The climbing in El Salto is world class. The Las Animas wall is the main crag with over 60 routes. Las Animas wall is huge wall of beautifully streaked, and incredibly featured limestone. It was all of our first experiences climbing on tufas before and it did not dissapoint. Although it was a new style to get used to, it was a blast getting pumped out of my mind and taking some big clean falls. The climbing in El Salto is so 3-Dimensional, it mades each route one-of-a-kind.
Zach climbing through a sea of tufas on Las Animas wall
The next day we hiked a little farther down the creek bed to check out the Tecalote cave. It’s super steep, loaded with stalactites, and has some really hard climbs. The routes were out of this world and just plain fun to climb.
Zach “using his head” to find a no-hands rest
On the right side of the cave, Ben and I climbed what was quite possibly the sickest 5.10 ever. It was called “Culo De Merin”, or “Merlin’s Asshole (a lovely name) and it climbed through a horizontal tunnel, and up into a cave. It felt like caving. We rappelled out of the cave with huge grins.
Ben nearing the end of the climb, high into the cave
Later that night (Christmas Eve), Dona Kika invited all the climbers to her families party. She had made hundreds of tamales, (which were by far the best tamales any of us had ever had), shared beers and maybe a little to much tequila. I would say it was a great night if some of the locals didn’t build a huge fire and BLAST music at our tents all night long until the sun came up; and the tequila didn’t help.
The El Salto Gang, Santa, and two random children
We headed back to Potrero to meet up with the rest of our Boulder crew of Max, Shannon, and Ben, who thankfully had an easier boarder crossing than we did. We climbed the next few days and got to spend New Years at the big climber party in one of the local campgrounds. it was really cool to see how many psyched climbers from all around the world come out to Potrero. There was even a DJ and even a mechanical bull. It was pretty fun, but we didn’t feel like staying up later than midnight.
Max about to get bucked off head first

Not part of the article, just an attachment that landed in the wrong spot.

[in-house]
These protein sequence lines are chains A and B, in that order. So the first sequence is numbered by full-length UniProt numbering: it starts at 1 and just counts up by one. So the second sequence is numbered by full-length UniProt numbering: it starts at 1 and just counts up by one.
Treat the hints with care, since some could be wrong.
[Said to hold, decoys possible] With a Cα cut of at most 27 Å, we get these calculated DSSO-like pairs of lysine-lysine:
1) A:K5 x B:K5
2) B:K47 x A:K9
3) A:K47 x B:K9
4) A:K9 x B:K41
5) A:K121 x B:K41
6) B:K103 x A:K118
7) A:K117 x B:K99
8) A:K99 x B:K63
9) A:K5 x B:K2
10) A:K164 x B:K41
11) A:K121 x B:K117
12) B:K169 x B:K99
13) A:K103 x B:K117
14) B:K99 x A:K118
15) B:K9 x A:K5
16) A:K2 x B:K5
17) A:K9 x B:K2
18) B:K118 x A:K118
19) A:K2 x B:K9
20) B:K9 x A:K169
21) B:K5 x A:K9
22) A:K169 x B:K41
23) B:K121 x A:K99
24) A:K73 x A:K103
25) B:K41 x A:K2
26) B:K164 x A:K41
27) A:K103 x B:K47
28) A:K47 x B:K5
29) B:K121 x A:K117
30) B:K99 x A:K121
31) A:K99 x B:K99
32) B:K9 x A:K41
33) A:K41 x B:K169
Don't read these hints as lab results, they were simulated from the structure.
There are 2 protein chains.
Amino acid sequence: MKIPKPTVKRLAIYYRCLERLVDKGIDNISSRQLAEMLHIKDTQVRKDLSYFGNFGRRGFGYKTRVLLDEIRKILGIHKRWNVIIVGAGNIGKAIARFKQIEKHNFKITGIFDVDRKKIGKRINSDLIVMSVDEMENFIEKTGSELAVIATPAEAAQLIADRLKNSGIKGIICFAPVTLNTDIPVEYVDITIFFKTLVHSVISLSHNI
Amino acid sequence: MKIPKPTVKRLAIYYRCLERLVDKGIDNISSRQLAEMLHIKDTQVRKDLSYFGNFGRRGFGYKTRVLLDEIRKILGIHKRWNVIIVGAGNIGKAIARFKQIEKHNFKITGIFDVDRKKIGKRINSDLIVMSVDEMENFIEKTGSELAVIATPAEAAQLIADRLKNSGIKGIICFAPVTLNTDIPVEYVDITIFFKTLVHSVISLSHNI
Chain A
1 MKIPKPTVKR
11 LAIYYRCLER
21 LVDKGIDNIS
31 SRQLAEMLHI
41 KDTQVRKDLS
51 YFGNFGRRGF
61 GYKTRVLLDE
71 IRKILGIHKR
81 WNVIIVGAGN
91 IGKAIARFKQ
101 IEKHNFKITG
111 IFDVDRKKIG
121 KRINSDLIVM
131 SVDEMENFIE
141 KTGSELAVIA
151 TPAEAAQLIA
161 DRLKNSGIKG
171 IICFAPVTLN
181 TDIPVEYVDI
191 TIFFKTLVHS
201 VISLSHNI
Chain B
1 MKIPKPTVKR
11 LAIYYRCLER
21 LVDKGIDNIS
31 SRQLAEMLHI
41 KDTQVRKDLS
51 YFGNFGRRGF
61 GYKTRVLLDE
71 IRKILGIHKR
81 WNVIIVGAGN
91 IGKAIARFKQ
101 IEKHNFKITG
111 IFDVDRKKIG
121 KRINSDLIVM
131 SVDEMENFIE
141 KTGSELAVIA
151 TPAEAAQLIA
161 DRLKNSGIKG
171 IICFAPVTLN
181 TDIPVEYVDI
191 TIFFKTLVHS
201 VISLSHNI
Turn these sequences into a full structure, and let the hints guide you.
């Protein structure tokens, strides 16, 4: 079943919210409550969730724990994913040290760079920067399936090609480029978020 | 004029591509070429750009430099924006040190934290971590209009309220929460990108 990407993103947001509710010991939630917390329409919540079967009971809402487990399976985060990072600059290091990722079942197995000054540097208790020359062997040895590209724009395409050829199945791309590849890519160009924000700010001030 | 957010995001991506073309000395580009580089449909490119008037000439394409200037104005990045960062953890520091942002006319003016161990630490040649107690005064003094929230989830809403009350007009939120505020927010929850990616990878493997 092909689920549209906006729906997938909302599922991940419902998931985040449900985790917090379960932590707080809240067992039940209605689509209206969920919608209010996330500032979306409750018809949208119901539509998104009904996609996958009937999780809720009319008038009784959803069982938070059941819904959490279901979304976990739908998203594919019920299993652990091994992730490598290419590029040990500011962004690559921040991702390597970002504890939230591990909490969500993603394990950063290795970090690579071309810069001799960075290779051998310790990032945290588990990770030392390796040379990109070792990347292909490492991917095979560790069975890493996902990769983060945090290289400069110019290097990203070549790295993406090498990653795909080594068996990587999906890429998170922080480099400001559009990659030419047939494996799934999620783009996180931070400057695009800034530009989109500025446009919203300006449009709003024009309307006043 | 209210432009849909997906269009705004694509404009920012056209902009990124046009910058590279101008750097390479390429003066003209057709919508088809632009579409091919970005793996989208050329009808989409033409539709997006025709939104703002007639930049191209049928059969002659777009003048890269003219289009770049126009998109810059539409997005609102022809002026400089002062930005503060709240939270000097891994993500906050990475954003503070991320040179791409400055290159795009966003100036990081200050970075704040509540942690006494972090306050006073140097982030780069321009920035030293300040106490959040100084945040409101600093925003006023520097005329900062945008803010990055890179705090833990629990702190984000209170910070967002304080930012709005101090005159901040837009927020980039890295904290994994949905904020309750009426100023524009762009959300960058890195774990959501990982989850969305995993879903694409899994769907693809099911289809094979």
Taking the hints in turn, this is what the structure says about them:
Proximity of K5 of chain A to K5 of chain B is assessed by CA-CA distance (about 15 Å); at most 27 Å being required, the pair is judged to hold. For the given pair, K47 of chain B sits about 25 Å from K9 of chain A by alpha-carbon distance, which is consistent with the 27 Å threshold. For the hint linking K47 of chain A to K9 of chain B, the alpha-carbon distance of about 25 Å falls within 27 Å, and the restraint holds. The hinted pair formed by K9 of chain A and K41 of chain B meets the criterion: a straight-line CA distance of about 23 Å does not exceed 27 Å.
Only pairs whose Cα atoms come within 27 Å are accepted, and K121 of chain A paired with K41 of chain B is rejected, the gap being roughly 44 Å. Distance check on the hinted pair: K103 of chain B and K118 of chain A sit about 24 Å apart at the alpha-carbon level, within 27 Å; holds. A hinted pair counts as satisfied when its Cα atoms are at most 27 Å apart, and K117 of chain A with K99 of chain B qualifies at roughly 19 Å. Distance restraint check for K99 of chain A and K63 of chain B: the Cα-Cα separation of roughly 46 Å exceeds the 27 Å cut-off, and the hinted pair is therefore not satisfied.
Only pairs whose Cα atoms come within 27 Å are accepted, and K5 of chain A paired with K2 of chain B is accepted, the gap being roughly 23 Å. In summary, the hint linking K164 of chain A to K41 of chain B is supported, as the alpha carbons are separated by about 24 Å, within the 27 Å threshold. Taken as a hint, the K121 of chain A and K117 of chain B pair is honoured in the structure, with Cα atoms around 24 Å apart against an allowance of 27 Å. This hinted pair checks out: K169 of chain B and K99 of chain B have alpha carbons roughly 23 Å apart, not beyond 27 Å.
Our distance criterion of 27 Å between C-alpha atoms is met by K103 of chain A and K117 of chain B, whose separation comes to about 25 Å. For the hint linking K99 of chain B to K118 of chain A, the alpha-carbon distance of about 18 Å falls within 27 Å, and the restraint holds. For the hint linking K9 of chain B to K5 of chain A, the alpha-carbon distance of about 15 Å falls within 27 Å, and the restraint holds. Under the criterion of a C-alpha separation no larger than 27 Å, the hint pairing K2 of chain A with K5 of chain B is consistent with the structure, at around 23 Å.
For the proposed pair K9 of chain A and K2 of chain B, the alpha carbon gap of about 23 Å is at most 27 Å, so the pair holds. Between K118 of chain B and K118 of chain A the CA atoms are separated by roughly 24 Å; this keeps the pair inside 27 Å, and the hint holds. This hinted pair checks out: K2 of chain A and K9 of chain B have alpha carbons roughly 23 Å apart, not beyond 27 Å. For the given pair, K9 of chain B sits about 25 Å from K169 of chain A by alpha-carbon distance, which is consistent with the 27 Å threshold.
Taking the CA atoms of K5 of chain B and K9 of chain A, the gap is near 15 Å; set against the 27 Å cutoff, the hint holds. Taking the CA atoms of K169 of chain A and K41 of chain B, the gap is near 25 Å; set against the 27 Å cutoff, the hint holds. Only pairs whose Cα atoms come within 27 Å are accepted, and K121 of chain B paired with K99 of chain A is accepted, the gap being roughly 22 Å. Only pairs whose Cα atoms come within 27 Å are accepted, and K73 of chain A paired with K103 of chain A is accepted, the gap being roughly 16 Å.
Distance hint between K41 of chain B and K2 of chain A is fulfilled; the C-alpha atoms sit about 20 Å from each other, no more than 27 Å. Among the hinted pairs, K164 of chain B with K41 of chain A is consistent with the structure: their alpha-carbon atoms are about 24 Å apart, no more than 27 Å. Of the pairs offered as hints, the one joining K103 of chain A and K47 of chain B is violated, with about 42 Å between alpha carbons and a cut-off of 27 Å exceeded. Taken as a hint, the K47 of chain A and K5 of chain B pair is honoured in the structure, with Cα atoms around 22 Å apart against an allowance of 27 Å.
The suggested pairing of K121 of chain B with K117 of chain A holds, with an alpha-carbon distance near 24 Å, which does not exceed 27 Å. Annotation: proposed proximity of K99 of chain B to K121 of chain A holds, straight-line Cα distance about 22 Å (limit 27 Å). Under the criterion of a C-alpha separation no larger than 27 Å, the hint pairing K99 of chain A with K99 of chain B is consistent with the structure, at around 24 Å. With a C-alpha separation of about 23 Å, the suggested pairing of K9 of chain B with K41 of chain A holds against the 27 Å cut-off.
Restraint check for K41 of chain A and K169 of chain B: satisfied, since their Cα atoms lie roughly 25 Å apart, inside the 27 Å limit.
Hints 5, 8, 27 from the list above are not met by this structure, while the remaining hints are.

We did end up hitting a bit of rainy weather on our trip, but we were still able to find places to climb. We got to get off the beaten path to check out some of the more obscure areas which provided us with some spiney jungle adventure. We checked out several of the overhanging walls at Potrero, and even an underground bouldering cave where your headlamp was the only source of light. It was really rad!
Up in the clouds in the Fitness Cave
El Potrero Chico is massive, and in our time there we were only barely able to scratch the surface of all the climbing. The rock is all limestone, but is featured with all kinds of different holds which makes for really interesting climbing. There is also SO much potential for new routes, so if you want to nab some FA’s, go to Potrero!
A view of El Toro from Upper Sense of Religion
After nearly 3 weeks of climbing, barbacoa tacos, and margaritas, we decided to end our trip with 2 more days climbing in El Salto. I definitely felt stronger since the first time we went, and was able to put down a route that had given me a lot of trouble. And Ben sent his first 13b! it was even during the hottest part of the day, unreal! It was a great way to end the trip with all six of us, and it was awesome to say bye to Zach and Shannon before they started their huge road trip.
Ben stemming between two gigantic tufas
I think I can speak for our Boulder Crew that the trip to Potrero has been hands down the best climbing trip we have ever been on. We got introduced to a new style of limestone, we all made a ton of friends from over the world, nobody got hurt, and nobody even got sick. I’m sure I will be back one day, but I also heard that Chonta Cave in Mexico City is even sicker.
The whole crew after our last day climbing in El Salto
Am I really going to conclude with a picture of a sunset? That is so chiche.